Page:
I spent the weekend attending my first ever SXSW interactive conference and left with countless stories and photos to share (typically in 140 character format).
But only when I got home to New York, did it become so clear to me how truly unfortunate the juxtaposition of SXSW parties next to the terrible tragedy unfolding in Japan appeared, most noticeably on Twitter.
To even call SXSW a conference is a bit narrow. Yes, there were panels and quite a few tweets about them, but I’d be willing to bet that a breakdown of panel vs. party tweets would be way heavy on the latter. The real action is at the parties.
And Twitter, whose breakout moment occurred at SXSW five years ago, is a great platform for party chatter (“tweet me if you can’t get past the door!” “THERE IS KARAOKE UPSTAIRS“), which was a major contributing factor to its very breakout. And now services like Foursquare and Hashable (breakouts ’09 and ’11, respectively), which feed to Twitter, amplify the parties even more.
One of many conversations I saw on Twitter calling out the SXSW/Japan juxtaposition was between @thecajunboy, a Yahoo! national affairs reporter, and The Atlantic’s@gabrielsnyder. These two (in my esteem) smarties also raised that the party tweeters were many of the same Twitter users they’d typically look to for breaking news, as well as the folks they’d expect to condemn such frivolous tweeting during a crisis. A fair point, but on the other hand–the entirety of Twitter is not wholly focused on Japan with the exception of team SXSW.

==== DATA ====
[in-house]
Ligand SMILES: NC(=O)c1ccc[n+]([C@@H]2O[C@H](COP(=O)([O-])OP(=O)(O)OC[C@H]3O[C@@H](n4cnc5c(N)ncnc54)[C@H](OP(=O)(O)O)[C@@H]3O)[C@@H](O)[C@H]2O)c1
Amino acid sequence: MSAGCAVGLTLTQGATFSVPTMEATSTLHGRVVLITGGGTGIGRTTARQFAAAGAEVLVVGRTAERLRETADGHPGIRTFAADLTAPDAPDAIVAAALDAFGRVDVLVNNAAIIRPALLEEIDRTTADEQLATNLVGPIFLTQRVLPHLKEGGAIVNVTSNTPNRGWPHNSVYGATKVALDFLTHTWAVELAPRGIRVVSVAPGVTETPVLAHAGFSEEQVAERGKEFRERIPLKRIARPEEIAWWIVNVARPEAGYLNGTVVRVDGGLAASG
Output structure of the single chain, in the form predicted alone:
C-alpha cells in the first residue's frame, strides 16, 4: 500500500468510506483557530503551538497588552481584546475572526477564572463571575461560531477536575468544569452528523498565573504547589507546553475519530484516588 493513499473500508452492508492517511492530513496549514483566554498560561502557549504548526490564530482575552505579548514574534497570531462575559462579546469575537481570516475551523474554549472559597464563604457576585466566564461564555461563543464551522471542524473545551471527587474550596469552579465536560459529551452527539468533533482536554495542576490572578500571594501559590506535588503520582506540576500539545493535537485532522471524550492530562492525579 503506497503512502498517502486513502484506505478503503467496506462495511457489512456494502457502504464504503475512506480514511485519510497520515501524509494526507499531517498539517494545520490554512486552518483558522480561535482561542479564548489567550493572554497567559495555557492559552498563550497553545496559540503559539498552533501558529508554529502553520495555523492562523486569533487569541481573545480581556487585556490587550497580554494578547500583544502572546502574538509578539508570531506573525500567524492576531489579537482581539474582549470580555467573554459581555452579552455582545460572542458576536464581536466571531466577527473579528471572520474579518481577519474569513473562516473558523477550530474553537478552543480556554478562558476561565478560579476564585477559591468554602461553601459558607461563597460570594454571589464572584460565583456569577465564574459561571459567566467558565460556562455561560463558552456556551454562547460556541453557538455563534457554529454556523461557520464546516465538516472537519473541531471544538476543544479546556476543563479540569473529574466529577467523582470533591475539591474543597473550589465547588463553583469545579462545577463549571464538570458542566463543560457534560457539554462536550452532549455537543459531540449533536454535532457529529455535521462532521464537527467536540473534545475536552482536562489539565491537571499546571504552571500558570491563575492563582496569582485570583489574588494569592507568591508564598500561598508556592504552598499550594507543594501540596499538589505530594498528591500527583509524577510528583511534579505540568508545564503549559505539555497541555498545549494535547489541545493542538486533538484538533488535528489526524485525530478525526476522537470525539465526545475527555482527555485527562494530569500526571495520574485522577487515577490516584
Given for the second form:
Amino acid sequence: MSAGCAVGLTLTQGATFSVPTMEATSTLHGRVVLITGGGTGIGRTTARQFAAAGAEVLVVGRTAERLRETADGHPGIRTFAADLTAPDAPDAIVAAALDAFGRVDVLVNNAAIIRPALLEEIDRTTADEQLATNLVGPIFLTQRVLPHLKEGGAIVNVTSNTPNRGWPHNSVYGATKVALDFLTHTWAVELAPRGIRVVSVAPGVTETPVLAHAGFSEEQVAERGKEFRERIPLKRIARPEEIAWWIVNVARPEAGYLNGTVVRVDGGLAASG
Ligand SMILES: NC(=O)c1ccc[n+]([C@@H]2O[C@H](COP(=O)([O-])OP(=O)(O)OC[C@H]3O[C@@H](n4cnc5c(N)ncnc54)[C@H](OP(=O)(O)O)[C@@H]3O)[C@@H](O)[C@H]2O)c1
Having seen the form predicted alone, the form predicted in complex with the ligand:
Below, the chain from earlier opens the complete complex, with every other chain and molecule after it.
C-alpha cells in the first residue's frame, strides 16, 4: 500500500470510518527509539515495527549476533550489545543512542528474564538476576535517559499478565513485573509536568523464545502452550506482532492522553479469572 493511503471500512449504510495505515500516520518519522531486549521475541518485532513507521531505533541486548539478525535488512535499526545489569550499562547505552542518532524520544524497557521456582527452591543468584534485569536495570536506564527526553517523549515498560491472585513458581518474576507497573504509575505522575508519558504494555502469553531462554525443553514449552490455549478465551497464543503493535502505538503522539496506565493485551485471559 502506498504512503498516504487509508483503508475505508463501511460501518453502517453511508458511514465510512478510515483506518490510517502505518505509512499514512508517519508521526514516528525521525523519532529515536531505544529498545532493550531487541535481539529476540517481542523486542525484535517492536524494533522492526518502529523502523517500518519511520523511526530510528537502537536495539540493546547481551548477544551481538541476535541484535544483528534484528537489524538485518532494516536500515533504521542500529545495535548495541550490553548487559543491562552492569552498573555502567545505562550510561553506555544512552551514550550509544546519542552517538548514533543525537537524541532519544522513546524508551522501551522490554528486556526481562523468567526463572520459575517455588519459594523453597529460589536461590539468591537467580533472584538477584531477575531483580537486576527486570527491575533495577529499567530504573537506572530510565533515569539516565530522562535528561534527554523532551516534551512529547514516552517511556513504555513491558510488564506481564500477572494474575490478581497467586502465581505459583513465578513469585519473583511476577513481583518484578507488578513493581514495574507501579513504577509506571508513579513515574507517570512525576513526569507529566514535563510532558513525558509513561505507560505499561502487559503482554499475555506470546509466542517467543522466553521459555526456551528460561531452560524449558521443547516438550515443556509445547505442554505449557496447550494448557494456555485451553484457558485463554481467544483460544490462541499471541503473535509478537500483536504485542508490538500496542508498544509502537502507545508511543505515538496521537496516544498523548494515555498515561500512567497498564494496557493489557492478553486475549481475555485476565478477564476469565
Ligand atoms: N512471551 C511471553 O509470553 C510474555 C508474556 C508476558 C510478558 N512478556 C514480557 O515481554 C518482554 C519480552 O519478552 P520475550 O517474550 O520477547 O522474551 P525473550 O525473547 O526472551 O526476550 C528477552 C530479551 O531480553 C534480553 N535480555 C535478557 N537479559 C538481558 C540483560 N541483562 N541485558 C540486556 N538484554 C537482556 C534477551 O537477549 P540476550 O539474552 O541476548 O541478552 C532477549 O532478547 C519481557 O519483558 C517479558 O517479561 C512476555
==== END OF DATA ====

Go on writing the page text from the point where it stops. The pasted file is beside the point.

People are still tweeting about their baking escapades, non-Austin bar check-ins and the merits of Zach Galifianakis. Whenever there is a major tragedy, it’s to be expected that people have to go on with their lives, is it not? It’s not as if the New York Times were devoting A1 space to SXSW parties. The Twitter platform is a means of communication, too. It’s a little media; it’s a little social, no?
Is there not a way to segment tweets by topic that could solve this conundrum? I don’t know what the solution is, but I’d challenge Twitter to find it. I was at a party at a power plant on Sunday night in Austin, while at a nuclear plant in Japan, the threat of a meltdown was endangering thousands of lives. I wasn’t the only one who recognised how distasteful all the Foursquare check-ins must have looked to the partygoers’ millions of followers who weren’t there. Could Foursquare have quickly changed the venue name to just Nikon & Vimeo After Dark, and left off the whole power plant part?
Perhaps this is simply an idea for the giants of new media to noodle on, or a topic for a panel discussion at the next big Internet confab: how can we create channels or segmentation within social media that allow us to use them for all the possible ways they were designed or have become used for, without sometimes coming off like insensitive jerks?
When I turn on my TV (ok, Hulu player), I can opt to watch the news or something mindless like a reality show. Why can’t Twitter offer me the same opportunity to choose?